(1) U.S. Department of Health and Human Services. (2023, February). Cerebellar ataxia, areflexia, PES cavus, optic atrophy and sensorinural hearing loss - about the disease. Genetic and Rare Diseases Information Center. Retrieved February 28, 2023, from https://rarediseases.info.nih.gov/diseases/1188/cerebellar-ataxia-areflexia-pes-cavus-optic-atrophy-and-sensorinural-hearing-loss
(2) Vernon, H. J. (2022, December 1). Entry - #601338 - cerebellar ataxia, areflexia, pes cavus, Optic ... - OMIM. Online Mendelian Inheritance in Man. Retrieved March 1, 2023, from https://www.omim.org/entry/601338
(3) Demos, M. K., van Karnebeek, C. D. M., Ross, C. J. D., Adam, S., Shen, Y., Zhan, S. H., Shyr, C., Horvath, G., Suri, M., Fryer, A., Jones, S. J. M., & Friedman, J. M. (2014). A novel recurrent mutation in ATP1A3 causes capos syndrome. Orphanet Journal of Rare Diseases, 9(1), 15. https://doi.org/10.1186/1750-1172-9-15
(4) Sankhyan, N., Sharawat, I. K., Kasinathan, A., & Suthar, R. (2019). Capos syndrome: A rare ATP1A3-related disorder. Annals of Indian Academy of Neurology. https://doi.org/10.4103/aian.aian_41_19
(5) Brashear, A., Sweadner, K. J., Cook, J. F., Swoboda, K. J., & Ozelius, L. (2008). ATP1A3-Related Neurologic Disorders. In M. P. Adam (Eds.) et. al., GeneReviews®. University of Washington, Seattle.
(6) Nicolaides P, Appleton RE, Fryer A. Cerebellar ataxia, areflexia, pes cavus, optic atrophy, and sensorineural hearing loss (CAPOS): a new syndrome. J Med Genet. 1996 May;33(5):419-21. doi: 10.1136/jmg.33.5.419. PMID: 8733056; PMCID: PMC1050615.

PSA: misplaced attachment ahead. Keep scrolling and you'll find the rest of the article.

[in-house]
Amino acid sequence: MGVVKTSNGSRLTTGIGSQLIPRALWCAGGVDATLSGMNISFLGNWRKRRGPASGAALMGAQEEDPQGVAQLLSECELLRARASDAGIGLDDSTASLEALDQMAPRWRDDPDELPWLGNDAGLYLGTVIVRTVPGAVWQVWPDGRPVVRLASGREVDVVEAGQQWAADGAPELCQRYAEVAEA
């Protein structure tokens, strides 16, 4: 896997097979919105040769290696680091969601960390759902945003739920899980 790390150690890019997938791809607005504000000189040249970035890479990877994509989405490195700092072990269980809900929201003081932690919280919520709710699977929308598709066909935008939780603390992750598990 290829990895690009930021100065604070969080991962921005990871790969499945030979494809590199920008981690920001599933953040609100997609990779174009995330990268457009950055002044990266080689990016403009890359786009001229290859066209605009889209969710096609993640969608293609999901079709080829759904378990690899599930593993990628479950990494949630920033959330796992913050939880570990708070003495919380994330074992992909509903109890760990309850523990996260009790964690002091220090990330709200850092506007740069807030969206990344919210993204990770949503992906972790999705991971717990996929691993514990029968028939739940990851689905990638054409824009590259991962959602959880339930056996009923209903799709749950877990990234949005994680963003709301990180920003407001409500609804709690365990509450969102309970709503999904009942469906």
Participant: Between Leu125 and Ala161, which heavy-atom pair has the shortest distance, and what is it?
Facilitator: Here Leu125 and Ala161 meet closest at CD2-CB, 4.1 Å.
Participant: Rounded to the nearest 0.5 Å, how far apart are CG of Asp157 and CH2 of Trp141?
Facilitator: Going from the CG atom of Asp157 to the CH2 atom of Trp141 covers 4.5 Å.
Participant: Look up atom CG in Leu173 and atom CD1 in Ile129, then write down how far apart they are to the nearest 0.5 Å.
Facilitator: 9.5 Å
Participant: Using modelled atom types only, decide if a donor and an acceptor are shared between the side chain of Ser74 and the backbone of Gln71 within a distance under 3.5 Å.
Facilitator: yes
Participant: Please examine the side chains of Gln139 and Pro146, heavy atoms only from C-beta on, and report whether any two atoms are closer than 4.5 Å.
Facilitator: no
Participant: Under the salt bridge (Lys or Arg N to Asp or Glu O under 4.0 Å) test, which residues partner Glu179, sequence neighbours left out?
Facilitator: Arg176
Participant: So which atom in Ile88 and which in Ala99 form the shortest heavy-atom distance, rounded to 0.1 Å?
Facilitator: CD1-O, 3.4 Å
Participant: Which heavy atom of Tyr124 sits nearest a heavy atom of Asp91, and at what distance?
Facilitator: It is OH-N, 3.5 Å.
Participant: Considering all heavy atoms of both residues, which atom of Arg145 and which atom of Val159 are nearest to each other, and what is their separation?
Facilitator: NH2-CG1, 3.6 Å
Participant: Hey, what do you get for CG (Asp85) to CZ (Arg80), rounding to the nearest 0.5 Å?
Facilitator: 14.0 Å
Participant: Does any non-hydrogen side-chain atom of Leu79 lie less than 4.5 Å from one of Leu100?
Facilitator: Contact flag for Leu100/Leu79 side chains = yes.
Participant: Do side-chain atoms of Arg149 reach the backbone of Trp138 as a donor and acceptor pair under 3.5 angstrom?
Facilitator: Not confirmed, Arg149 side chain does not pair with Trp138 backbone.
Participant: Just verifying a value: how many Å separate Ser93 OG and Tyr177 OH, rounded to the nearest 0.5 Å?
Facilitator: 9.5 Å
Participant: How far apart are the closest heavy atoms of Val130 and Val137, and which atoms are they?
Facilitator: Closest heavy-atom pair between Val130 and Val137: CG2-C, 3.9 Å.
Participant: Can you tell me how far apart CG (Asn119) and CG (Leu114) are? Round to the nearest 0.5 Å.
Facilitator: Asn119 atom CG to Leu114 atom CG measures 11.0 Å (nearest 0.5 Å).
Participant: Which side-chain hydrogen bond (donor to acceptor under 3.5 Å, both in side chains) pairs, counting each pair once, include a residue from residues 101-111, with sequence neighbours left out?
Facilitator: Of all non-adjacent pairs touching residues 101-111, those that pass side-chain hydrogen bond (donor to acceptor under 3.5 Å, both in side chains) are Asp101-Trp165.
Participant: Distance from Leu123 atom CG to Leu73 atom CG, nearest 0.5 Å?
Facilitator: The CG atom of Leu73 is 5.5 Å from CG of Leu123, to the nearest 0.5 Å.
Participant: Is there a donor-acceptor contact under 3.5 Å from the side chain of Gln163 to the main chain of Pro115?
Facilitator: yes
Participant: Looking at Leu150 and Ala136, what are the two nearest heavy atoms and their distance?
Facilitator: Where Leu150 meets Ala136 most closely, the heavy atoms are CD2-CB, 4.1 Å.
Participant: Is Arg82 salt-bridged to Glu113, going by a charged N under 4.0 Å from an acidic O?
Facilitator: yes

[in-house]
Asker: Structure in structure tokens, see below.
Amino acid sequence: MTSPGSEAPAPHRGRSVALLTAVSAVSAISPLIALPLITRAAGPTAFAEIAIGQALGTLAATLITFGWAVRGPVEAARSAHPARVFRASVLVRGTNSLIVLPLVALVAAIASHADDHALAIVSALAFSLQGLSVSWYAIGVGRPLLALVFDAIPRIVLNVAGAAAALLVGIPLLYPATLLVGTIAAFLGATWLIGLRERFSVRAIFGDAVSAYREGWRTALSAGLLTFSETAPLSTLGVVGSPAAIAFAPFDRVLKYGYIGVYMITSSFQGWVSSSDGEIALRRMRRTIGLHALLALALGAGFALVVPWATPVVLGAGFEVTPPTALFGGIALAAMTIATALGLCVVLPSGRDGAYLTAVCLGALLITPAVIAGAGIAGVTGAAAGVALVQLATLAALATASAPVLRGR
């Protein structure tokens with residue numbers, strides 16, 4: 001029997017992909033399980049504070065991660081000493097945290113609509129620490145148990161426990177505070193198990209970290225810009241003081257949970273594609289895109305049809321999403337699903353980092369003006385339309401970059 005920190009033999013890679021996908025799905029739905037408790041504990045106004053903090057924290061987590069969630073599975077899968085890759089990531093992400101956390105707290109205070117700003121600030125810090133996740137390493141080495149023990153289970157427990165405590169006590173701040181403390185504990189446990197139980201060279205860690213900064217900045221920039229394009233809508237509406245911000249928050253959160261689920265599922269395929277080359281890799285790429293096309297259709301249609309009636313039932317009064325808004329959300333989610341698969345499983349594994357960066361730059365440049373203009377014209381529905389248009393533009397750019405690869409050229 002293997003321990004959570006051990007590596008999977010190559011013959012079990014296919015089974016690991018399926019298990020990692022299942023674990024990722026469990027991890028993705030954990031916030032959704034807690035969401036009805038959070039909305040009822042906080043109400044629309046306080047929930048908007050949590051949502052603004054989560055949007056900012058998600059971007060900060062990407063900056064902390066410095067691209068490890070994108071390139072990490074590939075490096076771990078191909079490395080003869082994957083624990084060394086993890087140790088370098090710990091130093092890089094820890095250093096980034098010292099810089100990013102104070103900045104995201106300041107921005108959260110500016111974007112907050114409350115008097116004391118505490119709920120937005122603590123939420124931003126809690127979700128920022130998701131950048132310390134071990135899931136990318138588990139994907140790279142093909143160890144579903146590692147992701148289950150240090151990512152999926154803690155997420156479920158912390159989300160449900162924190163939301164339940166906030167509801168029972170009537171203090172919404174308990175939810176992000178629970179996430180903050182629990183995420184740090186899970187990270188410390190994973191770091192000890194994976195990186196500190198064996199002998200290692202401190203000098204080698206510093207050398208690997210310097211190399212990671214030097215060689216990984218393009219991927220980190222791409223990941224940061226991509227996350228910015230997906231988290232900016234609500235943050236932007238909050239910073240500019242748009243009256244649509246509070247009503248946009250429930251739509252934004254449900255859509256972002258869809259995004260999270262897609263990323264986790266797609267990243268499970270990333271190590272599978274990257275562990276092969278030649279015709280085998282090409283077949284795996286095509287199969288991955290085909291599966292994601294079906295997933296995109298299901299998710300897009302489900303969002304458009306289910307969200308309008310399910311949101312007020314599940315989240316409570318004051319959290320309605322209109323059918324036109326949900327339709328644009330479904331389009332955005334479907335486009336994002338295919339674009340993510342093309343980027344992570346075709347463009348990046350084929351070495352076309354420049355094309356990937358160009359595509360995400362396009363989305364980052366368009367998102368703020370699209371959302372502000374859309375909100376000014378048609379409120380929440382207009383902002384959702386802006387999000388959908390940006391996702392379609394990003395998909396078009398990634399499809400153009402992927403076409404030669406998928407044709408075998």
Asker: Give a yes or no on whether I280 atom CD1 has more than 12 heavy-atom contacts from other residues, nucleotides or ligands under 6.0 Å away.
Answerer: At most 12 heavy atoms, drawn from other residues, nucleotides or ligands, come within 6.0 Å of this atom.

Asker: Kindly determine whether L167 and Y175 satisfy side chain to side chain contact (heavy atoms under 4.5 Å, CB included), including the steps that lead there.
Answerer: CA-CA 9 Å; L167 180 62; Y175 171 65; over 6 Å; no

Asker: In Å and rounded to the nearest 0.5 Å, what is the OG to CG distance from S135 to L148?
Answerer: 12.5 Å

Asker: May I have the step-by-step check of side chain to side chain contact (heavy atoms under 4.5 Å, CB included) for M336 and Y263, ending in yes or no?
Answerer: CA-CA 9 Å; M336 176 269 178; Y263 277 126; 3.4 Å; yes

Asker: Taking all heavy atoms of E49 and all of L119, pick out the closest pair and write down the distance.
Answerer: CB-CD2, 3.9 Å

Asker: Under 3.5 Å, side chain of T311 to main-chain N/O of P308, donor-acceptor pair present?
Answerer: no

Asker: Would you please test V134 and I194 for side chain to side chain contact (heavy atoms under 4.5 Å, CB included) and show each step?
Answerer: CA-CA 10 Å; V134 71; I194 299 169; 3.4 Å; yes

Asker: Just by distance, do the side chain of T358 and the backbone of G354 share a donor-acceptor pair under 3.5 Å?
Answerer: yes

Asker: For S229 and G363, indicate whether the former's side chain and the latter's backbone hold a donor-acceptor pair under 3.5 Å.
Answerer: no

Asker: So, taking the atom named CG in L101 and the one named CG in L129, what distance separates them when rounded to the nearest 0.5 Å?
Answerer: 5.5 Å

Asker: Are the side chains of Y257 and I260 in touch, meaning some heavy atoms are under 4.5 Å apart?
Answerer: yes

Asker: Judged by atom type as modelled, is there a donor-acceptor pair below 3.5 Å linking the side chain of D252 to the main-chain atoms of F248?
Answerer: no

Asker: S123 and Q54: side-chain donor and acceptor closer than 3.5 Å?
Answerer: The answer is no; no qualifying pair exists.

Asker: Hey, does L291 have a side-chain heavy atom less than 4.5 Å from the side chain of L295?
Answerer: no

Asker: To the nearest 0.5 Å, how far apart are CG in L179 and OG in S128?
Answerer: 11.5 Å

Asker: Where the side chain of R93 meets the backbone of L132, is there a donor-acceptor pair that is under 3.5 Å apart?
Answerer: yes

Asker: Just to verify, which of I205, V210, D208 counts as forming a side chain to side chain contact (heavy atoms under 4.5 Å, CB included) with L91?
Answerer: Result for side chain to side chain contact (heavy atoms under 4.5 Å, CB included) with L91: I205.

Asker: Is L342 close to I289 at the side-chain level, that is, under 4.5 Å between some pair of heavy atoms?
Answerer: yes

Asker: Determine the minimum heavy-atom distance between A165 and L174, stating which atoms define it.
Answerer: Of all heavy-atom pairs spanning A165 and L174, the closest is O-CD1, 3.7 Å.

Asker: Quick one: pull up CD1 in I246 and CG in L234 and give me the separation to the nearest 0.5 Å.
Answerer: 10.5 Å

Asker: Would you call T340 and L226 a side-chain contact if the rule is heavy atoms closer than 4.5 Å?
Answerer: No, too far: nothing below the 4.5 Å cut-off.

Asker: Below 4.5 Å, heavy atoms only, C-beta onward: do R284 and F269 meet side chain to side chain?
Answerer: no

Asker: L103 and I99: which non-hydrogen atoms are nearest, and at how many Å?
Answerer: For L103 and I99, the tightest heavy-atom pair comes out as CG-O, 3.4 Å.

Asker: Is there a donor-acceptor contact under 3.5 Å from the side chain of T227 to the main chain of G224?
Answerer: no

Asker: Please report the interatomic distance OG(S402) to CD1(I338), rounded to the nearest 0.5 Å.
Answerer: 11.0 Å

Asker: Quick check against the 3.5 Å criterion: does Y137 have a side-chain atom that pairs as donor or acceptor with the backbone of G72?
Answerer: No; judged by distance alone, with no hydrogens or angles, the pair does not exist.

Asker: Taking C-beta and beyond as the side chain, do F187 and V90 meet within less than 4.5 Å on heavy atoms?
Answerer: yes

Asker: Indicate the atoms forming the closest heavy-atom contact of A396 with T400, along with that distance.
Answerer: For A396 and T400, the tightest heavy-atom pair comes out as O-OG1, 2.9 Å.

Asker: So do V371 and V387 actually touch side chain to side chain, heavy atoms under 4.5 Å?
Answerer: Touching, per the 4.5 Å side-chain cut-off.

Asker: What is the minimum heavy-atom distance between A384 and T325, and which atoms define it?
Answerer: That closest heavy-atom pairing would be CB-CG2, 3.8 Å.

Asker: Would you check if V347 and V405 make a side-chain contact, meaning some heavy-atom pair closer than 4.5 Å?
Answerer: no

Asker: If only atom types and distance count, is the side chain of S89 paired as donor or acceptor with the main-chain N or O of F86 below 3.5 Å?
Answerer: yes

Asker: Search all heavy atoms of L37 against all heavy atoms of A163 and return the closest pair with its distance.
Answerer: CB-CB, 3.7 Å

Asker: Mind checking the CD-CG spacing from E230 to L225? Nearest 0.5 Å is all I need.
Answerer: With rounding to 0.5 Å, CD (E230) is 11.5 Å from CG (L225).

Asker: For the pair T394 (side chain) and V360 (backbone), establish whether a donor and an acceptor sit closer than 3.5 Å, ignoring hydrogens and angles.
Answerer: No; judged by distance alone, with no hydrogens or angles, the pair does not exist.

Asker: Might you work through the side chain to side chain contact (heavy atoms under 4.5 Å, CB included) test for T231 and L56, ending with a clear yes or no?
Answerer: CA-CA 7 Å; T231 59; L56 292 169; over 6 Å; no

(7) Maas RP, Schieving JH, Schouten M, Kamsteeg EJ, van de Warrenburg BP. The Genetic Homogeneity of CAPOS Syndrome: Four New Patients With the c.2452G>A (p.Glu818Lys) Mutation in the ATP1A3 Gene. Pediatr Neurol. 2016 Jun;59:71-75.e1. doi: 10.1016/j.pediatrneurol.2016.02.010. Epub 2016 Mar 17. PMID: 27091223.
(8) Sharawat IK, Kasinathan A, Suthar R, Sankhyan N. CAPOS Syndrome: A Rare ATP1A3-Related Disorder. Ann Indian Acad Neurol. 2020 May-Jun;23(3):397-398. doi: 10.4103/aian.AIAN_41_19. Epub 2020 Jun 10. PMID: 32606553; PMCID: PMC7313598.
(9) Carecchio M, Zorzi G, Ragona F, Zibordi F, Nardocci N. ATP1A3-related disorders: An update. Eur J Paediatr Neurol. 2018 Mar;22(2):257-263. doi: 10.1016/j.ejpn.2017.12.009. Epub 2017 Dec 21. PMID: 29291920.